10
Aug/04

Not Being Confused About Linking To Someone You Don't Like


A recent Southern Distrct of NY case, Knight-McConnell v. Cummins, has been reported as holding that linking from defendant’s site to plaintiff’s site will not constitute trademark infringement.  There is also broad language that use of another’s trademark in a URL or pathname will not constitute trademark infringement. 

True, but the fact pattern is quirky.  This is a grudge match between two pro se parties in the rarefied world of high finance.  Plaintiff’s website talks stocks up and defendant’s website talks down those same stocks (and apparently talks down plaintiff as well – there is a libel charge in here – as defendant called plaintiff crazy, a crook, and fat).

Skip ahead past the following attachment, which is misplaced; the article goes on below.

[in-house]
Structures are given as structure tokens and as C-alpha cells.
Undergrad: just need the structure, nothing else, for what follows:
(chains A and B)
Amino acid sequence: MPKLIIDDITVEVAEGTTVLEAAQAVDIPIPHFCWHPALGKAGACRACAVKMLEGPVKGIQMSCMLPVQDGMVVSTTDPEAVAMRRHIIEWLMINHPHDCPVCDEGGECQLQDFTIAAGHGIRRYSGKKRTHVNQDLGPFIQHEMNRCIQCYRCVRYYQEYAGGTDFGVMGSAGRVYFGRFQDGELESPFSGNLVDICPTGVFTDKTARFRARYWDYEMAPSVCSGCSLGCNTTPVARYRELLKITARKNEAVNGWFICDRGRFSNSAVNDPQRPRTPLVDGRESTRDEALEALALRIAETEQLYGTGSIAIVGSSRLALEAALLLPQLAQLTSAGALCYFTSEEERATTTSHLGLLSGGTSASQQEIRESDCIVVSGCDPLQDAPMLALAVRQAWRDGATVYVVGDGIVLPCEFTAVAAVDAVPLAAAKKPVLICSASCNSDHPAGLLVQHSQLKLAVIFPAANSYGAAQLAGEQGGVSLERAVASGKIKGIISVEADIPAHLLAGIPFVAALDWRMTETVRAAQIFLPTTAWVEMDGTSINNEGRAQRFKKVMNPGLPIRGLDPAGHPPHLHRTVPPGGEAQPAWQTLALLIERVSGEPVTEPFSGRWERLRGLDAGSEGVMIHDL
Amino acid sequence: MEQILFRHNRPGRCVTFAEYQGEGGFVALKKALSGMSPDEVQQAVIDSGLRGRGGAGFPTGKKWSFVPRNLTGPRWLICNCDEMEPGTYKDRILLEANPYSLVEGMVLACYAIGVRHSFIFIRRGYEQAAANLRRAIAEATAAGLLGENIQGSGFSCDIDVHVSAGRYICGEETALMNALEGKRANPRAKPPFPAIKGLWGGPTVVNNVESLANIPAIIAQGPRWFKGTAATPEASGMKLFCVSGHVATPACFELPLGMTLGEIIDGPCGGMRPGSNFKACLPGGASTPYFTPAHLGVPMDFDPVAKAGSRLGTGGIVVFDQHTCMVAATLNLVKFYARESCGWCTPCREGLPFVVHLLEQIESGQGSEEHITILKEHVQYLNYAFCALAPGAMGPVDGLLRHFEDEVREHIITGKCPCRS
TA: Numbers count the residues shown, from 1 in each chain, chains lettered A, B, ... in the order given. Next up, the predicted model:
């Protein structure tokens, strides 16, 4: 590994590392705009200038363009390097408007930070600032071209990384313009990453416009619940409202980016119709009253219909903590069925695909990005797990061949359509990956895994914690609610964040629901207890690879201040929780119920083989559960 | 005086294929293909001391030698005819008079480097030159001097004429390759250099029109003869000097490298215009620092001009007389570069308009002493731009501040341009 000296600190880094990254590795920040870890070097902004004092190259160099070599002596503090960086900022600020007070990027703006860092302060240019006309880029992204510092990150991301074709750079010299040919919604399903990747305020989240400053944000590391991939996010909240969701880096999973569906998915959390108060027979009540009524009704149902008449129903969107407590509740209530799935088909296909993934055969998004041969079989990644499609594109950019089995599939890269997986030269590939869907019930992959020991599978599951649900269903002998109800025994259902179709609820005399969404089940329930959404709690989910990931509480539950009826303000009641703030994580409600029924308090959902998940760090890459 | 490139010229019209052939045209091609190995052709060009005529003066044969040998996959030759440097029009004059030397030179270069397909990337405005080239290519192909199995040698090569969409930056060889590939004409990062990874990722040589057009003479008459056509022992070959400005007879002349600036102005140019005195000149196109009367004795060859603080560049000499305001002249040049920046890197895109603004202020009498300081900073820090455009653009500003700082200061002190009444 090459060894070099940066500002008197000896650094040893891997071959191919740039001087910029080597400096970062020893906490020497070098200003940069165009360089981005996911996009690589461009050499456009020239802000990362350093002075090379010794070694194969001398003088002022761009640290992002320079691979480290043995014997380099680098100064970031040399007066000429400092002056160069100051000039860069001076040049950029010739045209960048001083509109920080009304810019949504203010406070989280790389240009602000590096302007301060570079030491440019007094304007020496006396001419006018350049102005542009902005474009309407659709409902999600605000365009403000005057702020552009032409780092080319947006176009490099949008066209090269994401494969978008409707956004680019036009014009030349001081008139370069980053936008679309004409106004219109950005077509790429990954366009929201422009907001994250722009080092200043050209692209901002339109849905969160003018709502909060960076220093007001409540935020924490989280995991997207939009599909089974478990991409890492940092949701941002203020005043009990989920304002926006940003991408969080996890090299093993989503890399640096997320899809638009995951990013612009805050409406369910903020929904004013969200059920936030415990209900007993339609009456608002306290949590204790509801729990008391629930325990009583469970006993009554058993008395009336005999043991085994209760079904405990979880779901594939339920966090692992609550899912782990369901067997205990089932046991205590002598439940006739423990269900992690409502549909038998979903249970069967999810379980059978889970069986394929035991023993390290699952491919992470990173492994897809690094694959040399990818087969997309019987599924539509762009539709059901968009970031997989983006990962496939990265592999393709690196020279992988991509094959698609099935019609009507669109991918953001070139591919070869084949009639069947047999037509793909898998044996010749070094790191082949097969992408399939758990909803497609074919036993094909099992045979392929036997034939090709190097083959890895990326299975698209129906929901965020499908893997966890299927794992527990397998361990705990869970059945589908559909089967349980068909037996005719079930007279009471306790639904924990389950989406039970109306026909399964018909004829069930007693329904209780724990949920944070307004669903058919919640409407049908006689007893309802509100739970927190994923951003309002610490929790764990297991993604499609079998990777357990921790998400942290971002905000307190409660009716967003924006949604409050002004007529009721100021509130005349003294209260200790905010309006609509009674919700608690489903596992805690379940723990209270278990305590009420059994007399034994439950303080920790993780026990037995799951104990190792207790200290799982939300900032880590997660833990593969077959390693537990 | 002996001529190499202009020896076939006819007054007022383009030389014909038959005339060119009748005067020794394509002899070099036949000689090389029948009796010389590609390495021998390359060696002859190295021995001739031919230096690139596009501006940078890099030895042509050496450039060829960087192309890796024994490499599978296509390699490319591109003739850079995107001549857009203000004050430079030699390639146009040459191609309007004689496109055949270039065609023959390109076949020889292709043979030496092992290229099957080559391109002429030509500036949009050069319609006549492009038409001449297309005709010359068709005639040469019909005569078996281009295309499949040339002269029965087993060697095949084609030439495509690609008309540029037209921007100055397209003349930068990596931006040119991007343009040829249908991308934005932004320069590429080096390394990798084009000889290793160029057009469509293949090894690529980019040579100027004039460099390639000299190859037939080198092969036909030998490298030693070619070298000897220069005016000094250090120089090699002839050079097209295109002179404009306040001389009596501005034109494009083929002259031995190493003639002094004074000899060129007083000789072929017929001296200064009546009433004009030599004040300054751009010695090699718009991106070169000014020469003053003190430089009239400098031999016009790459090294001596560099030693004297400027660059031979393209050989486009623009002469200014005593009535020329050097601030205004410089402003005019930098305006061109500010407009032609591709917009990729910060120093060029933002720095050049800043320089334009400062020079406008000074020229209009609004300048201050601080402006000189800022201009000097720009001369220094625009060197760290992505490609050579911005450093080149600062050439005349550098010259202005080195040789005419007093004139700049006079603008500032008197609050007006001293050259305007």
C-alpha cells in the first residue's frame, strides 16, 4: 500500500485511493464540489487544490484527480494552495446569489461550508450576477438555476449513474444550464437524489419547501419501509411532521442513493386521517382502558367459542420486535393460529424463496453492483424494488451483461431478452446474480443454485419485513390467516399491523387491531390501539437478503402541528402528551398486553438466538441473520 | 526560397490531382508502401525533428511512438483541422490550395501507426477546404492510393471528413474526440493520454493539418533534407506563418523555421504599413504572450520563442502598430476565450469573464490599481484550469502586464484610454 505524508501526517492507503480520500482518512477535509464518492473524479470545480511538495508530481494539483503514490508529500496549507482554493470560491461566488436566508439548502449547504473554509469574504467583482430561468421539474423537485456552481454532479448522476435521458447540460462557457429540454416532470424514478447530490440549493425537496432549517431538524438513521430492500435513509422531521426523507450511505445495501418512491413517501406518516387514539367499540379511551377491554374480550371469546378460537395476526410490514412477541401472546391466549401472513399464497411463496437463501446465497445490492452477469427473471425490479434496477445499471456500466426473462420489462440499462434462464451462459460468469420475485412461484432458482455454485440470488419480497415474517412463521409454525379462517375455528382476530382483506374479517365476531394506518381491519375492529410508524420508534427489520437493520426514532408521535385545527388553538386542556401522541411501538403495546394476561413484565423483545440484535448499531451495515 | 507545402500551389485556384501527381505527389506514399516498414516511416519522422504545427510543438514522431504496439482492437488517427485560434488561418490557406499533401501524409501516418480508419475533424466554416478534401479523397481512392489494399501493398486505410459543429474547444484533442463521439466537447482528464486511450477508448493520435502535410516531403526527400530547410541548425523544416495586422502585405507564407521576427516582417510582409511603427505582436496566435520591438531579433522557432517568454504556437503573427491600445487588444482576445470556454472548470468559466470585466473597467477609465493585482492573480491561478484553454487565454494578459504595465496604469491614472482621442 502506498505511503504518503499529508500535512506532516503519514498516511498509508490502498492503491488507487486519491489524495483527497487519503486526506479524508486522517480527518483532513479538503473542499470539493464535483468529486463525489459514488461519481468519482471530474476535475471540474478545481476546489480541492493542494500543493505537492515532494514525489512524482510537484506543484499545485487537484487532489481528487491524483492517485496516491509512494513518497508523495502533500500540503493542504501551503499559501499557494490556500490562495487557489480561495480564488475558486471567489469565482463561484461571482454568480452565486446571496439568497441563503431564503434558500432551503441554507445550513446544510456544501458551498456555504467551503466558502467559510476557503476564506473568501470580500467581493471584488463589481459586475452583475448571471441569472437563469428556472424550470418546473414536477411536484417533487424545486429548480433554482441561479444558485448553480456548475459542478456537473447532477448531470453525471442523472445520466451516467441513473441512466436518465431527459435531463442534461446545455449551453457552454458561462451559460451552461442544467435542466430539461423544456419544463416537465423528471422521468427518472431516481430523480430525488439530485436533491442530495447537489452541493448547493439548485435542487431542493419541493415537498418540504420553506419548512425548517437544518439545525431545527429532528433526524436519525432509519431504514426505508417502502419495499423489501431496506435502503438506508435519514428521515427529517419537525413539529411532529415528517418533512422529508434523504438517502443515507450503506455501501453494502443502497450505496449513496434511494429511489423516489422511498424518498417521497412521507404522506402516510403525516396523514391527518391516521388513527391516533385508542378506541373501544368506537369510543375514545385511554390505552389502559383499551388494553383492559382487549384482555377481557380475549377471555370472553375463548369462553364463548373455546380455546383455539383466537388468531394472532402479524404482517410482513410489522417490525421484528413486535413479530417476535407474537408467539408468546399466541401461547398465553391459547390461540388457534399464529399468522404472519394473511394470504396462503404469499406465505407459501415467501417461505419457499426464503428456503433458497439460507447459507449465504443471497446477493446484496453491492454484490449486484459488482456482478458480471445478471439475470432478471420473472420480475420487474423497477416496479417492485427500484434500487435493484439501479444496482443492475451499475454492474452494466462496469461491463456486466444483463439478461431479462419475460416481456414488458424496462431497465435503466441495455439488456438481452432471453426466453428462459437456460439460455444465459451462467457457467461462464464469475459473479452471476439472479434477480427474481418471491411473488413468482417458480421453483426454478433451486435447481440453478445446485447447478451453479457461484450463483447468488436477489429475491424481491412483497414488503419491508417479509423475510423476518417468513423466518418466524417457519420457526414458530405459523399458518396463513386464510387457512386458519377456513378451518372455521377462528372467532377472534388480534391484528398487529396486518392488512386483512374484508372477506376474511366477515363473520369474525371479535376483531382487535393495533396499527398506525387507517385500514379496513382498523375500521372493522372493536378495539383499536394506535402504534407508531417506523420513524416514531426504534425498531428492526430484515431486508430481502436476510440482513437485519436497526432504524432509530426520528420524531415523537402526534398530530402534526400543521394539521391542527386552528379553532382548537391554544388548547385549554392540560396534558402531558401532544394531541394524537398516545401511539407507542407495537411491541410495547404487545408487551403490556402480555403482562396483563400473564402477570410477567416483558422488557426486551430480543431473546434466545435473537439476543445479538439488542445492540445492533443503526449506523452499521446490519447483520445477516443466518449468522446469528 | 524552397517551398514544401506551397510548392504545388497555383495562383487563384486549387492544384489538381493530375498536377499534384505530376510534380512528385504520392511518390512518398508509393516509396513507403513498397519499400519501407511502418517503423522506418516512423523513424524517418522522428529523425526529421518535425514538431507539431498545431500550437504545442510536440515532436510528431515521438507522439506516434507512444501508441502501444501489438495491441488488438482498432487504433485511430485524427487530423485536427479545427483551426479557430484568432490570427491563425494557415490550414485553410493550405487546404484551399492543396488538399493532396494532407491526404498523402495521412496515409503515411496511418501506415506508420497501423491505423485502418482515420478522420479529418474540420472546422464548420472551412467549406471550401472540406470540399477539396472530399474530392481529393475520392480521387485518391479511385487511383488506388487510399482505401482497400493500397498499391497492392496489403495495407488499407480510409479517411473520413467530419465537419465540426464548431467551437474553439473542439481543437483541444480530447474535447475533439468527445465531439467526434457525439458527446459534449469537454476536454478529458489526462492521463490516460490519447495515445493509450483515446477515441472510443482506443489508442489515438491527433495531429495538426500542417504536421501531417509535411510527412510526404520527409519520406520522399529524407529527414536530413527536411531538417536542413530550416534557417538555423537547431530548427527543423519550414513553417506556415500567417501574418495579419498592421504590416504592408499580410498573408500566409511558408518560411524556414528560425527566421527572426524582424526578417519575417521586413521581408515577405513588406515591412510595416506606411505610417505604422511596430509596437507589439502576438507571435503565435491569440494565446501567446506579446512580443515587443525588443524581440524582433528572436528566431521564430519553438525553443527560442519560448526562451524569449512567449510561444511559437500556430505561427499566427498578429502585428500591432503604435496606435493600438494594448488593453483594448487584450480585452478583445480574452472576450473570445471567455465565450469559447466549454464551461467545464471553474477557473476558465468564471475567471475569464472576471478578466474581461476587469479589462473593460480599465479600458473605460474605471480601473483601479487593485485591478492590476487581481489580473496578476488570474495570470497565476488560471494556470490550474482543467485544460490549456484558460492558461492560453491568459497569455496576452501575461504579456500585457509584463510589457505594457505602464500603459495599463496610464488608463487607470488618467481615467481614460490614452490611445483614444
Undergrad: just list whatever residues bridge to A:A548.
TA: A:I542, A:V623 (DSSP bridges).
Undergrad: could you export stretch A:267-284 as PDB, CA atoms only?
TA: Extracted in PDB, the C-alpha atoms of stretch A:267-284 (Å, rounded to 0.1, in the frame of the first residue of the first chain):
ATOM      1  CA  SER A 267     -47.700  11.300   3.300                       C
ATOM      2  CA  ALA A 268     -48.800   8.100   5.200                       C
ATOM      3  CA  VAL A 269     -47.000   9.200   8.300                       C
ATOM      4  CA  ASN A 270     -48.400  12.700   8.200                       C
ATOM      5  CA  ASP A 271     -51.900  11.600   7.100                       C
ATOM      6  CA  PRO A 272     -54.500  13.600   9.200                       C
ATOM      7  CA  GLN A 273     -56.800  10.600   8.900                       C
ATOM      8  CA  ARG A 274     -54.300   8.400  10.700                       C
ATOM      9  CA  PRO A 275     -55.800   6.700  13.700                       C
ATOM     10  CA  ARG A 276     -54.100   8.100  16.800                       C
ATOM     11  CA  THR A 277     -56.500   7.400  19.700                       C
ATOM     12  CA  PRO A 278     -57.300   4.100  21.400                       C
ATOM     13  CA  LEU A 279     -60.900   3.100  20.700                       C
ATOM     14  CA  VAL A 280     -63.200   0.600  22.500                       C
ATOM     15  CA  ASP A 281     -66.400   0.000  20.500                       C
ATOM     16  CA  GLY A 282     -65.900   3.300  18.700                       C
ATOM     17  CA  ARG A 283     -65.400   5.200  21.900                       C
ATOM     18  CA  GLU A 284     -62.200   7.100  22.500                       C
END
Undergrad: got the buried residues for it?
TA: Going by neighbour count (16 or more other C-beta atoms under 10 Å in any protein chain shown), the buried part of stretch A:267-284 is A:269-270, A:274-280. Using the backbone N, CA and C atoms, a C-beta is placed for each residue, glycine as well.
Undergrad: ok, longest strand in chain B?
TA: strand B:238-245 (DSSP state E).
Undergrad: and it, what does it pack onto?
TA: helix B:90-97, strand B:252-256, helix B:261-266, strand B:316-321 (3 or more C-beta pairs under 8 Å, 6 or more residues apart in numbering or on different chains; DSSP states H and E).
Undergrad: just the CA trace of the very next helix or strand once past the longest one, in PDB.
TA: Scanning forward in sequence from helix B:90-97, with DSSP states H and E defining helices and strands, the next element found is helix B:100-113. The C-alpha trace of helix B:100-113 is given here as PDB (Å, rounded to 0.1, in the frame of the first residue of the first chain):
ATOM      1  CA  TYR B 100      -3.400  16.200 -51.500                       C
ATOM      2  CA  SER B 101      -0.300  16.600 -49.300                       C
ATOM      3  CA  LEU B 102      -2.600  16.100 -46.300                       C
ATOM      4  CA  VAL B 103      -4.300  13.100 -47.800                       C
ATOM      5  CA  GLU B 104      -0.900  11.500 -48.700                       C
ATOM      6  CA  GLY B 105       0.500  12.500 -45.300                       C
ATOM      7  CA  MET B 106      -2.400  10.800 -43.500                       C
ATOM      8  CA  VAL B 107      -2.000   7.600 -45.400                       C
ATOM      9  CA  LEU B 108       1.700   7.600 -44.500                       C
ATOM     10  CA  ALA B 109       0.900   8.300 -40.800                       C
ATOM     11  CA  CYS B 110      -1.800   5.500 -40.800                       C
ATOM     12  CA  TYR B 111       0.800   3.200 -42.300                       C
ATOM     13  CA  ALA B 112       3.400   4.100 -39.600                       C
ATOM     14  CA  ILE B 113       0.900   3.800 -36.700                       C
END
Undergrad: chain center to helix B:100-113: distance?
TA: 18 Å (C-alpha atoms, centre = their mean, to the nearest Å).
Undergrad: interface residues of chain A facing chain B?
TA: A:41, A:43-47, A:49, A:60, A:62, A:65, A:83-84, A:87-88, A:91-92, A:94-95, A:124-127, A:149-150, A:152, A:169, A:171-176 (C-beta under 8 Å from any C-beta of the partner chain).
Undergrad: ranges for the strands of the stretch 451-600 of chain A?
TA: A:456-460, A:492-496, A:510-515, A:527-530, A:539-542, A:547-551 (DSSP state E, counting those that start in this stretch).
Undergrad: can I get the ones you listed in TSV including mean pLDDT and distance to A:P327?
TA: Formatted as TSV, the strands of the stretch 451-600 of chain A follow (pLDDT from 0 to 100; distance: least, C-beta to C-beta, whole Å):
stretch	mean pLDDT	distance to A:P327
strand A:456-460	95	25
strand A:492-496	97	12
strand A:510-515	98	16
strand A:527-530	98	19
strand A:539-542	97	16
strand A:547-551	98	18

In this context, defendant had no intention of anyone thinking that there was a connection between the parties, and, presumably, in order to trash plaintiff, defendant needed to make it very clear that there was no connection.  The court’s language about linking and pathnames should be read in that context (and the language does limit itself to this case).

Knight-McConnell v.Cummins, 2004 WL 1713824 (SDNY  July 29 2004) (Buchwald, J) (no online version available yet).

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